Modeling precipitable water vapour using Global Navigation Satellite System data over the East African region
Ssenyunzi, Richard Cliffe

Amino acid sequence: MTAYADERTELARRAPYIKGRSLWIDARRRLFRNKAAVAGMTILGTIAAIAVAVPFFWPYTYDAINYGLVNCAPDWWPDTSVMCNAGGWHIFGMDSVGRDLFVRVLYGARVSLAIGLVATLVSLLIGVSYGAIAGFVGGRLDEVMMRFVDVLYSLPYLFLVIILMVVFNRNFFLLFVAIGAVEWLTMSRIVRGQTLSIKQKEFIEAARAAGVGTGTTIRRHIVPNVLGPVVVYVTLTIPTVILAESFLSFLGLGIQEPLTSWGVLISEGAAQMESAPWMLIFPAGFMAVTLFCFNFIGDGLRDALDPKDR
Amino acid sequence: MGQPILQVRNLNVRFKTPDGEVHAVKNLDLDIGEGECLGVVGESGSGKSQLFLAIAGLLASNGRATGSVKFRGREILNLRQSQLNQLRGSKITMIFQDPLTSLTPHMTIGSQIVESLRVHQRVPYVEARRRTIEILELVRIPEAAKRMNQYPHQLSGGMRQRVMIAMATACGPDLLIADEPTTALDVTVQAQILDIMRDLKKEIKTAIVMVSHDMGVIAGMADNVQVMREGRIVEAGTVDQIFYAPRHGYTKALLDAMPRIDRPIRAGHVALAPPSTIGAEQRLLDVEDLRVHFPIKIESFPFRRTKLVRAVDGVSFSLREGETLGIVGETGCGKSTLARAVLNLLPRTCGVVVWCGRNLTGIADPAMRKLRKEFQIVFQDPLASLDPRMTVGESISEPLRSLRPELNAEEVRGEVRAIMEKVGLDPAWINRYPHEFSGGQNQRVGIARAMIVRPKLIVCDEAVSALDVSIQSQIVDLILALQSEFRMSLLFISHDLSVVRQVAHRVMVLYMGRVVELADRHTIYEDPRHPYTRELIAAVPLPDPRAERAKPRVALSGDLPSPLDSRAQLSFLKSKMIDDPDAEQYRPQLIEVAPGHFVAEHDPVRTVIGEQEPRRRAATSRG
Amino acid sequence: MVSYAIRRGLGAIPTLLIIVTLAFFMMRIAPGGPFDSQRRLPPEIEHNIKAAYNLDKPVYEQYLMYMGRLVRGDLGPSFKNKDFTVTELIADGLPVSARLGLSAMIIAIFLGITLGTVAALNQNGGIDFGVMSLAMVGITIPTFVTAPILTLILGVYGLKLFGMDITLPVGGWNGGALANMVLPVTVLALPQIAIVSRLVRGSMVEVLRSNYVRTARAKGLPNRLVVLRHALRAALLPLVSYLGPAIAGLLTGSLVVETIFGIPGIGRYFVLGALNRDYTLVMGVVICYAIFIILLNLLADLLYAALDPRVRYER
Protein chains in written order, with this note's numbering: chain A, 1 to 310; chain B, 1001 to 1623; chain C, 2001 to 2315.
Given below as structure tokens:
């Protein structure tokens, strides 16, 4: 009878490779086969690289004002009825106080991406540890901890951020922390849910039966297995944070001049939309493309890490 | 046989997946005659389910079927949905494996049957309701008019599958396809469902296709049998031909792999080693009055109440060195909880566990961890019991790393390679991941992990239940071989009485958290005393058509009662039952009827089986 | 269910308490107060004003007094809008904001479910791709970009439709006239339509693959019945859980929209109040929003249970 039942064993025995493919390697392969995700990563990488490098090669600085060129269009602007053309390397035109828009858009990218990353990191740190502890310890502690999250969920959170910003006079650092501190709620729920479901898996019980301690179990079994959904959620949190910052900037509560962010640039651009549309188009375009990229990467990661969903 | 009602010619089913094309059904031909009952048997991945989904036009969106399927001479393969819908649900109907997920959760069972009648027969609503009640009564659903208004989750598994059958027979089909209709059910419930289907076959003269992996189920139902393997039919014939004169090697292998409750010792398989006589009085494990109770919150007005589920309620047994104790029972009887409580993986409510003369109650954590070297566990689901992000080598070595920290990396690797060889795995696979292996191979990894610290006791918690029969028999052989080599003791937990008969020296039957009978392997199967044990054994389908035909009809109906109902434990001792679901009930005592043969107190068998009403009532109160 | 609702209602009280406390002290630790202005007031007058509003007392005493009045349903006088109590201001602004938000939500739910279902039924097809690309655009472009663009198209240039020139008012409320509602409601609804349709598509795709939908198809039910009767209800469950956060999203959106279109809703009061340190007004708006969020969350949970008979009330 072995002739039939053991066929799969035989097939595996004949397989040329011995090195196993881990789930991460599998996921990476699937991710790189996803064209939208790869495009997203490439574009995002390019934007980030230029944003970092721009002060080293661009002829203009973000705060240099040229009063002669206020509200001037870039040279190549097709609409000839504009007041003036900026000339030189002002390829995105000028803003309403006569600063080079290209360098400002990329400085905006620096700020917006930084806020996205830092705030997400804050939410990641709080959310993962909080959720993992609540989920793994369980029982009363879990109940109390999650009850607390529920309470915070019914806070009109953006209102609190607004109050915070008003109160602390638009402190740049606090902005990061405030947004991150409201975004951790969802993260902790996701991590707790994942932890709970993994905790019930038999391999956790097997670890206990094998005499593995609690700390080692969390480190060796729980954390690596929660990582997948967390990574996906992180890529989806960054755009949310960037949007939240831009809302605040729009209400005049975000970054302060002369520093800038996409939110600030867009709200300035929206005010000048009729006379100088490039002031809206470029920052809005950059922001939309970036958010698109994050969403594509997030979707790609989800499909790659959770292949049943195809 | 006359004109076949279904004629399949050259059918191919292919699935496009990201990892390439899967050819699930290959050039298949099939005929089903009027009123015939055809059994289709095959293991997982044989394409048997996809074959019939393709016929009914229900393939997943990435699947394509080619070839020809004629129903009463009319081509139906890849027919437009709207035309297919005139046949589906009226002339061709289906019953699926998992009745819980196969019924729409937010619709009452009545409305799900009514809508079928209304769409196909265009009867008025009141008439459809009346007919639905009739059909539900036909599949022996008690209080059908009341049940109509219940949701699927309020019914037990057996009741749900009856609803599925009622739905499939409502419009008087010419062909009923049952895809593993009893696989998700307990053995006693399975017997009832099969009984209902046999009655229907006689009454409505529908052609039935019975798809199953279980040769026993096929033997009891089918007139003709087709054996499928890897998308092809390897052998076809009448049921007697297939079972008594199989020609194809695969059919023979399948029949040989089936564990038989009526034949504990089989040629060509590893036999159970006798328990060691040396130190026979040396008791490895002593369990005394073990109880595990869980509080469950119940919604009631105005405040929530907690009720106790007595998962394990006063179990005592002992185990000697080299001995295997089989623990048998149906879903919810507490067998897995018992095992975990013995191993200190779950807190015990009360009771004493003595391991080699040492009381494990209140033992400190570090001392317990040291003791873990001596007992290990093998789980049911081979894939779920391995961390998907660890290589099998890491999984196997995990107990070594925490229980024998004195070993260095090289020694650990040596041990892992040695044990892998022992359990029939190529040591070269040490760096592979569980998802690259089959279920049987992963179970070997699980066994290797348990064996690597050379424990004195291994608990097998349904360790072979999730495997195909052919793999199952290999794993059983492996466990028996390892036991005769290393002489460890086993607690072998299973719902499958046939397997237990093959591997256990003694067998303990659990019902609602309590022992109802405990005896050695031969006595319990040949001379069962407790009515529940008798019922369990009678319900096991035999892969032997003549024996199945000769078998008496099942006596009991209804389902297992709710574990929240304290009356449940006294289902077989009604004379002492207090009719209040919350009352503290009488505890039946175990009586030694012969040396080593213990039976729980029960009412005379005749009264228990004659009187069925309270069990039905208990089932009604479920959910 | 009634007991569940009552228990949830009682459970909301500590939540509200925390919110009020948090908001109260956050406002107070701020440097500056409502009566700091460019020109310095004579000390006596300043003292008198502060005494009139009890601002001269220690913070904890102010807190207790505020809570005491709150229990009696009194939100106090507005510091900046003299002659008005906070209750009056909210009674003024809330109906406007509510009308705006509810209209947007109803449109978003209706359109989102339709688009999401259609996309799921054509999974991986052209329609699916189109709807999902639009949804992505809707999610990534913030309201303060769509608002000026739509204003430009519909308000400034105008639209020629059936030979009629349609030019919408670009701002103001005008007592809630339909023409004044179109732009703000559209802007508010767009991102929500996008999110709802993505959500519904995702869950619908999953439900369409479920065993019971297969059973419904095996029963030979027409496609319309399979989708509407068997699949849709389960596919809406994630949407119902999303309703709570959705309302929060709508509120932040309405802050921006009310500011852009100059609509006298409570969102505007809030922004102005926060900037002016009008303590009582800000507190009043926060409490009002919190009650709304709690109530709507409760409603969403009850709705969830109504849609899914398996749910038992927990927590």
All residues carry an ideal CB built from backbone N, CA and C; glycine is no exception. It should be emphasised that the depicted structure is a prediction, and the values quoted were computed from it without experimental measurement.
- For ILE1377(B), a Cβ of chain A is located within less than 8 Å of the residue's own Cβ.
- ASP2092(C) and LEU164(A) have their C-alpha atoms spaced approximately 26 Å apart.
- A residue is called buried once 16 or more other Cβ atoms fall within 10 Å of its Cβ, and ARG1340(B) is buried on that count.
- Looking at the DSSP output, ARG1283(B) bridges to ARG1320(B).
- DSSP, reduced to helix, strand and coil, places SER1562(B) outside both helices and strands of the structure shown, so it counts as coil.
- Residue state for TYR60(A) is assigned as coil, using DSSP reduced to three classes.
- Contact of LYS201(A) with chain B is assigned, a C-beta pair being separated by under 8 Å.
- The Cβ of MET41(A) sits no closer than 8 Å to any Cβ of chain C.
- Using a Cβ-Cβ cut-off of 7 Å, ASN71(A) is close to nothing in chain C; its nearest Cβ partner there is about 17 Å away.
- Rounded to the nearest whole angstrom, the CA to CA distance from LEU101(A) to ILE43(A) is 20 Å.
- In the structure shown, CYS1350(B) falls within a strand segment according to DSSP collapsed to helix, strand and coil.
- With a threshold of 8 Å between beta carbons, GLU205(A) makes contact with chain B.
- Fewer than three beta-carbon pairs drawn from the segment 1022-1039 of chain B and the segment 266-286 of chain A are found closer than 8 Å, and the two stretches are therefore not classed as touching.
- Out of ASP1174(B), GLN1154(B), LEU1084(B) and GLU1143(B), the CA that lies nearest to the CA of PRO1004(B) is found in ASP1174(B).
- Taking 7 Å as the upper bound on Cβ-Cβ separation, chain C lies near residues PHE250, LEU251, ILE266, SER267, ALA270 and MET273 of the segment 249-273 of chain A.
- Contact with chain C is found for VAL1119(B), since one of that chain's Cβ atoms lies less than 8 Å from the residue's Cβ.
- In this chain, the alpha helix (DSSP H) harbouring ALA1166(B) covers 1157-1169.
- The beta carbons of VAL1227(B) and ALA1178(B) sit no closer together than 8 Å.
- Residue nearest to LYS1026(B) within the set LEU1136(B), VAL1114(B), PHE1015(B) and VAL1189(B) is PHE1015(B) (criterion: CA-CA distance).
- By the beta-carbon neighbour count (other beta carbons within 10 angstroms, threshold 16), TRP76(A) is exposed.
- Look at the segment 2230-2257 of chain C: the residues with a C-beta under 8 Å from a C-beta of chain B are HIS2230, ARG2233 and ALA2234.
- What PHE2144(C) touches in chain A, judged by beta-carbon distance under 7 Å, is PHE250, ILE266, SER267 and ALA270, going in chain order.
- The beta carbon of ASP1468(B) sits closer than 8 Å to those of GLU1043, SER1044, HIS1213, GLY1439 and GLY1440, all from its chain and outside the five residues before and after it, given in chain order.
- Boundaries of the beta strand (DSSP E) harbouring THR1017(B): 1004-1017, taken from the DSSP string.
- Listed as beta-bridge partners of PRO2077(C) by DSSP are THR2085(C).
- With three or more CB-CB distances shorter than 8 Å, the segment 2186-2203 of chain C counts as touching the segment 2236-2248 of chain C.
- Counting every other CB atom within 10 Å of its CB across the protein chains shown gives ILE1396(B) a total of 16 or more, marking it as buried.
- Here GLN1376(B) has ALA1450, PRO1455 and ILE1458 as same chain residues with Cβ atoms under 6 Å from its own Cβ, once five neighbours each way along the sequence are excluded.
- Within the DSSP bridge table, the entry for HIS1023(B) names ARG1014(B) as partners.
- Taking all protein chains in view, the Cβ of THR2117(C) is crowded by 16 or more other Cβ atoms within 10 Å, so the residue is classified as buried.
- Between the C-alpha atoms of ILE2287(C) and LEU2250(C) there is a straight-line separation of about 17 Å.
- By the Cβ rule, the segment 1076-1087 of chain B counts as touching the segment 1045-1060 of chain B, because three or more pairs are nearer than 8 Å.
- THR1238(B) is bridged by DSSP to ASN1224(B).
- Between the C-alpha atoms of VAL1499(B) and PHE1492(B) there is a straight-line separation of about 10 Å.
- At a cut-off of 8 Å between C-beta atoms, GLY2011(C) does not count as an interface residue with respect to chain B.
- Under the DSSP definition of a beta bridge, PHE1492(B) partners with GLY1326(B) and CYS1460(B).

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The Global Navigation Satellite System (GNSS) can be used to derive accurately the Zenith Tropospheric Delay (ZTD) and Precipitable Water Vapour (PWV) under all-weather conditions. The derived ZTD and PWV values play a vital role in climate studies, weather forecasting and are operationally assimilated into numerical weather prediction models. In this study, GNSS data for derivation of ZTD and PWV was collected from 13 geodetic permanent stations for the years 2013 to 2016 over the East African tropical region. The 13 stations consist of 5 International GNSS Service (IGS) stations, 4 Africa Array (AA) stations, and 4 Malawi Rifting stations from Uganda, Kenya, Tanzania and Rwanda. The ZTD time series were processed using goGPS software version 1.0 beta1, a MATLAB based GNSS processing software, developed for kinematic and quasi static applications. The derived goGPS ZTDs were compared to the values derived from the GIPSY-OASIS via Jet Propulsion Laboratory (JPL) online Automatic Precise Positioning Service (APPS) to access their accuracy. The derived goGPS ZTDs were also validated using the Unified Environmental Modeling System (UEMS) numerical weather prediction (NWP) model. The agreement between the goGPS ZTD and the UEMS NWP ZTD indicates that goGPS ZTD can be assimilated into NWP models in the East African region. For this study, only five out of 13 GPS stations used are equipped with meteorological sensors. Alternatively, the interpolated European Centre for Medium-Range Weather Forecasts (ECMWF) 5th Re-Analysis (ERA5) dataset were also used. The ERA5 dataset at these locations was first validated using the meteorological data from the sensors available at the five stations. The interpolation and extrapolation of ERA5 data generated surface meteorological parameters with acceptable accuracies demonstrating that it can serve as a complement to the present ground based GPS meteorological observation networks. The determination of GPS PWV also requires information on the weighted mean temperature (Tm); the Tm at the 13 GPS stations was evaluated using three methods: the temperature and humidity profiles from ERA5 (ERA5 Tm), as well as the Tm derived from Bevis and Yao Tm - Ts relationships. The derived GPS PWV datasets were validated using the ERA5 PWV. GPS PWV values were used as the reference and the Root Mean Square errors (RMSE) of the two PWV values are in the range 1.35 mm to 2.25 mm with the overall average value of 1.66 mm. In this study, PWV, pressure, temperature and weighted mean temperature models have been developed from GPS and ERA5 data. The purpose of the developed models is to predict PW over regions with data gaps where the computation of Zenith Tropospheric Delays (ZTD) is impossible and in cases of station outages. In addition, the models will provide meteorological parameter where meteorological sensors are missing. Based on the RMSE, it was observed that the site-specific models developed can be used to provide estimates of almost the same level of accuracy compared to the measured values at the 13 stations. Despite having scattered GNSS stations in the region with data gaps, the PWV retrieval from ZTDs has been achieved.